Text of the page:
Two-plus years ago, I wrote a post entitled Take a Pause and Practice R.A.I.N. to shine a light on a wonderful tool for processing emotions. I learned about it from renowned psychologist, author, and meditation teacher Tara Brach. It goes like this:
- Recognize: Pay attention to thoughts, emotions, and sensations as they arise.
- Allow: Let the thoughts, emotions, and sensations just be. Don’t try to control or judge them. Don’t label them right or wrong, good or bad, appropriate or inappropriate. Just say “YES” to them and invite them to sit with you.
- Investigate: Bring an interested and kind attention to the experience. Notice what bodily sensations, emotions, and narratives arise without analyzing them. Just be curious.
- Nurture: Call for a response from the wisest and most compassionate part of your being. Allow yourself to feel loved, supported, and worthy.
It’s a simple yet powerful practice that has really helped me work through some intense feelings and get unhooked from them.
In my Mindfulness Meditation Teacher Certification Program, the leadership strongly encouraged us to practice R.A.I.N. with a partner. I dismissed the notion at first given the difficulty I perceived in finding a compatible partner and (frankly) because I just didn’t think I’d get that much out of it. Yet members of my peer group had such great success with it that I put out a request for a partner and was blessed with a perfect pairing.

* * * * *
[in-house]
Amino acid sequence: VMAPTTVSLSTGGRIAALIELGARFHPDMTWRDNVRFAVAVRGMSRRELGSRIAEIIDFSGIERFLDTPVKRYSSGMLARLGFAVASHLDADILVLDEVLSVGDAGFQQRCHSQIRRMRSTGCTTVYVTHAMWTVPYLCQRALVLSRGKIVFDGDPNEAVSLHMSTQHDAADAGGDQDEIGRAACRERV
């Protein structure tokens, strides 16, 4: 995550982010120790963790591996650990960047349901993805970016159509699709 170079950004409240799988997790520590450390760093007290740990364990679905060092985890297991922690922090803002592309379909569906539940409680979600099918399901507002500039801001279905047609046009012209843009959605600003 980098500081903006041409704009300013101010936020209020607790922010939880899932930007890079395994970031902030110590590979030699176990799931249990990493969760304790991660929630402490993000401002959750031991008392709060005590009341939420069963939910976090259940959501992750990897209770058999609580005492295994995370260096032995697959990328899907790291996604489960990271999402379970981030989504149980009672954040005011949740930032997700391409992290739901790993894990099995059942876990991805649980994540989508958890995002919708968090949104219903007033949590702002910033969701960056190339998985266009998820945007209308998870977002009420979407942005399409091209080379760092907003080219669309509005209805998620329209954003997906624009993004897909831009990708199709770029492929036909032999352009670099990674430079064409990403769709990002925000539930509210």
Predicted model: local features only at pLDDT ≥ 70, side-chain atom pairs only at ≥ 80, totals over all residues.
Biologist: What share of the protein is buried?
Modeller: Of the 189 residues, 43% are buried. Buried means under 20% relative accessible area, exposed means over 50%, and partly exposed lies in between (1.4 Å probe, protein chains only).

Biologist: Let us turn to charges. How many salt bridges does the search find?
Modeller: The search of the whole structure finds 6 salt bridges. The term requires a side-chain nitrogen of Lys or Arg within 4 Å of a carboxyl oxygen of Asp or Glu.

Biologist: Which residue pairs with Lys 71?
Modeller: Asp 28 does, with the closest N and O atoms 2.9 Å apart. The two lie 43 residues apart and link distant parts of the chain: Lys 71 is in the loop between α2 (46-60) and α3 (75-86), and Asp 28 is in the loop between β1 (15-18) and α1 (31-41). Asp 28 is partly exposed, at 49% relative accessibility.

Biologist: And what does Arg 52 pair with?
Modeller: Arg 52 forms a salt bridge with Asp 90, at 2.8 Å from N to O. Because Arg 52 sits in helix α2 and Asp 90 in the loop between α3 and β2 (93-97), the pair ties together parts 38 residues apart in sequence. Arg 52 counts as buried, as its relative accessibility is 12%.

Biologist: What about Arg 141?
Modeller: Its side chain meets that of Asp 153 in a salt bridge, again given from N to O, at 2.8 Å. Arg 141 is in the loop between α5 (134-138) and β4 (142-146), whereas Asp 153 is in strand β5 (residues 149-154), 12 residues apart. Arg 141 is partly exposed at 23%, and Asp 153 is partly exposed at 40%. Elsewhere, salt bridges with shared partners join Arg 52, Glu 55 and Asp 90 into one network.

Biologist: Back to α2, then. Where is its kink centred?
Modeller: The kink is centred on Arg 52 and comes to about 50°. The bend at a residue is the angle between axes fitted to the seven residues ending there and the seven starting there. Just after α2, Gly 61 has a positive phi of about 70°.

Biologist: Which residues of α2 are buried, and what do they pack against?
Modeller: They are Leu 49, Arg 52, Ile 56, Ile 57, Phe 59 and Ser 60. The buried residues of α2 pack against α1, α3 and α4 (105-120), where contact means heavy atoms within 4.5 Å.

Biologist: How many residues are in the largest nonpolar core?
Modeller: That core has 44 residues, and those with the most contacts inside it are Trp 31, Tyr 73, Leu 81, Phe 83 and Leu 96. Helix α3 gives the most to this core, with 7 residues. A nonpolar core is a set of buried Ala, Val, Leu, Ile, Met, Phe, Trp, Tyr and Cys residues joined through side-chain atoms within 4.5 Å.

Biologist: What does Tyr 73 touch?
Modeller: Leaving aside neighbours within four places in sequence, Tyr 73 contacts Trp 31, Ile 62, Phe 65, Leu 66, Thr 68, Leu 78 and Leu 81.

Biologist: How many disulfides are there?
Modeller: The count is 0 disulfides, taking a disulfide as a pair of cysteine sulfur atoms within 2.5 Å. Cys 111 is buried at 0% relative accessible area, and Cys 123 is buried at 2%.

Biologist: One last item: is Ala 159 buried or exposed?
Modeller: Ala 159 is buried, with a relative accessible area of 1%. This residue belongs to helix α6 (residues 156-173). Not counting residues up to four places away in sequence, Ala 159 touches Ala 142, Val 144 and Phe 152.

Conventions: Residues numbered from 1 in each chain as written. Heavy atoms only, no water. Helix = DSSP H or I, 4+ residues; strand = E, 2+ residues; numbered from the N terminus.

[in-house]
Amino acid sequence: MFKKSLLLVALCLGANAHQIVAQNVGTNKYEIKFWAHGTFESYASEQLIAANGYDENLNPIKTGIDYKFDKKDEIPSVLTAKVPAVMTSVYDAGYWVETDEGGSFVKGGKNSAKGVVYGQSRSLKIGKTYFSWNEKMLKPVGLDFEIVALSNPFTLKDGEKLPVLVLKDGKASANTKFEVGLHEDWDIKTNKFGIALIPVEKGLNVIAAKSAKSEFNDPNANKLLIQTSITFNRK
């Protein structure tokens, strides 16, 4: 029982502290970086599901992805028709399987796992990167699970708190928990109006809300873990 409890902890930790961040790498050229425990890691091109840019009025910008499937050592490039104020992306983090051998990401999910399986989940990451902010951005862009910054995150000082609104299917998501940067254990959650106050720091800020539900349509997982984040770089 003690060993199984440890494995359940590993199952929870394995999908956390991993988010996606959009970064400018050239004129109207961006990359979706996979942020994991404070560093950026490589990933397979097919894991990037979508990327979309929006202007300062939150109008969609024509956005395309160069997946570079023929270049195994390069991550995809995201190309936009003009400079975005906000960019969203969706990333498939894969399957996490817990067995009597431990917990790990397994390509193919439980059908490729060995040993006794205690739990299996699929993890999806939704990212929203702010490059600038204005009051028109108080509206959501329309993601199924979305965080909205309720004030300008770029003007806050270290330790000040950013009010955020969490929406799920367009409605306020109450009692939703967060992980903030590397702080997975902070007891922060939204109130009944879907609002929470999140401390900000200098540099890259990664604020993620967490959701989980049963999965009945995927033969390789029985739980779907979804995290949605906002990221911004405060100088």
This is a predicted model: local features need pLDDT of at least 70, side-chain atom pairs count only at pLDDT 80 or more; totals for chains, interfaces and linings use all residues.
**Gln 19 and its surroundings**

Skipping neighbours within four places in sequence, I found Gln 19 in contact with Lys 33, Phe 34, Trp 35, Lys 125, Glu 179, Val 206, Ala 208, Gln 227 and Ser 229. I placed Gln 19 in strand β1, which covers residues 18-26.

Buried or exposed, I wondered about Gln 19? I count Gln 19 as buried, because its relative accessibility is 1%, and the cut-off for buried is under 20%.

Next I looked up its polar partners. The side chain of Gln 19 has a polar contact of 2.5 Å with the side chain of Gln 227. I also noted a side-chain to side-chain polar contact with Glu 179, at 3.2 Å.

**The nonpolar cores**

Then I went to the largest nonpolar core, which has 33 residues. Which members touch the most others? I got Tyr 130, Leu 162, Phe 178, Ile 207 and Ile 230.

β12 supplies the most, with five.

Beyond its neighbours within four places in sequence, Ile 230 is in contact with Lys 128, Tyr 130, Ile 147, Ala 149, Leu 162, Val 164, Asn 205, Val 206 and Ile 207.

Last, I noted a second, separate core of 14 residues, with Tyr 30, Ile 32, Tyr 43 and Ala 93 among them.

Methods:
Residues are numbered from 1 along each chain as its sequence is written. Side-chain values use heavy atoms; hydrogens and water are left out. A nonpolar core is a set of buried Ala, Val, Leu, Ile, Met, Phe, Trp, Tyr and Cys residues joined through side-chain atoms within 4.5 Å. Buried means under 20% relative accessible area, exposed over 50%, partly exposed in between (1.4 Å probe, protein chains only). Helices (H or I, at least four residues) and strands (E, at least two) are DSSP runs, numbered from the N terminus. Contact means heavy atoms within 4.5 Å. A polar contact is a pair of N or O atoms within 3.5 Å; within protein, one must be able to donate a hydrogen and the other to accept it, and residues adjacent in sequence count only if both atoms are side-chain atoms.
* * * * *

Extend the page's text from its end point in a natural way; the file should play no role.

When practiced in partnership, the process goes like this:
- Both partners reflect ahead of time on a matter in which they feel vexed or stuck. It can be something related to work, personal relationships, health, a troublesome behavior, the community, a news article, …
- When coming together, the session starts with a period of quiet meditation – between 3 and 10 minutes – to bring a sense of calm and centeredness to the space.
- Each partner takes 3 minutes to described the issue at hand while the other listens attentively.
- The ensuing 10 minutes of silence provides the opportunity to consider the A, I, and N elements of RAIN.
- Thereafter, both parties reflect silently on the process for 2 minutes to see how things have shifted for them.
- Each partner takes 3 minutes to express to the other what was challenging about the practice and what they experienced or learned as a take-away.
Several things happen when I work through an issue with a partner.
- Giving voice to the issue in front of another person makes it more real. It starts me on the path of really feeling it rather than getting stuck in my head just thinking about it.
- I slow down and give RAIN the space to do its magic. When practicing RAIN alone, I tend to rush through the steps and give short shrift to the curiosity that comes with investigation and the genuine nurturing that helps me move through it. A slow pace gives me more time for exploration and self-compassion.
- I feel supported deeply by my partner. I don’t feel alone in my struggles.
- Quite often, the issues my partner raises resonate with me. It’s like getting a two-for-one RAIN bonus.
I don’t know how long this partnership will last, but I’ll be inclined to work with others going forward. It’s a moving experience that really drives insights home.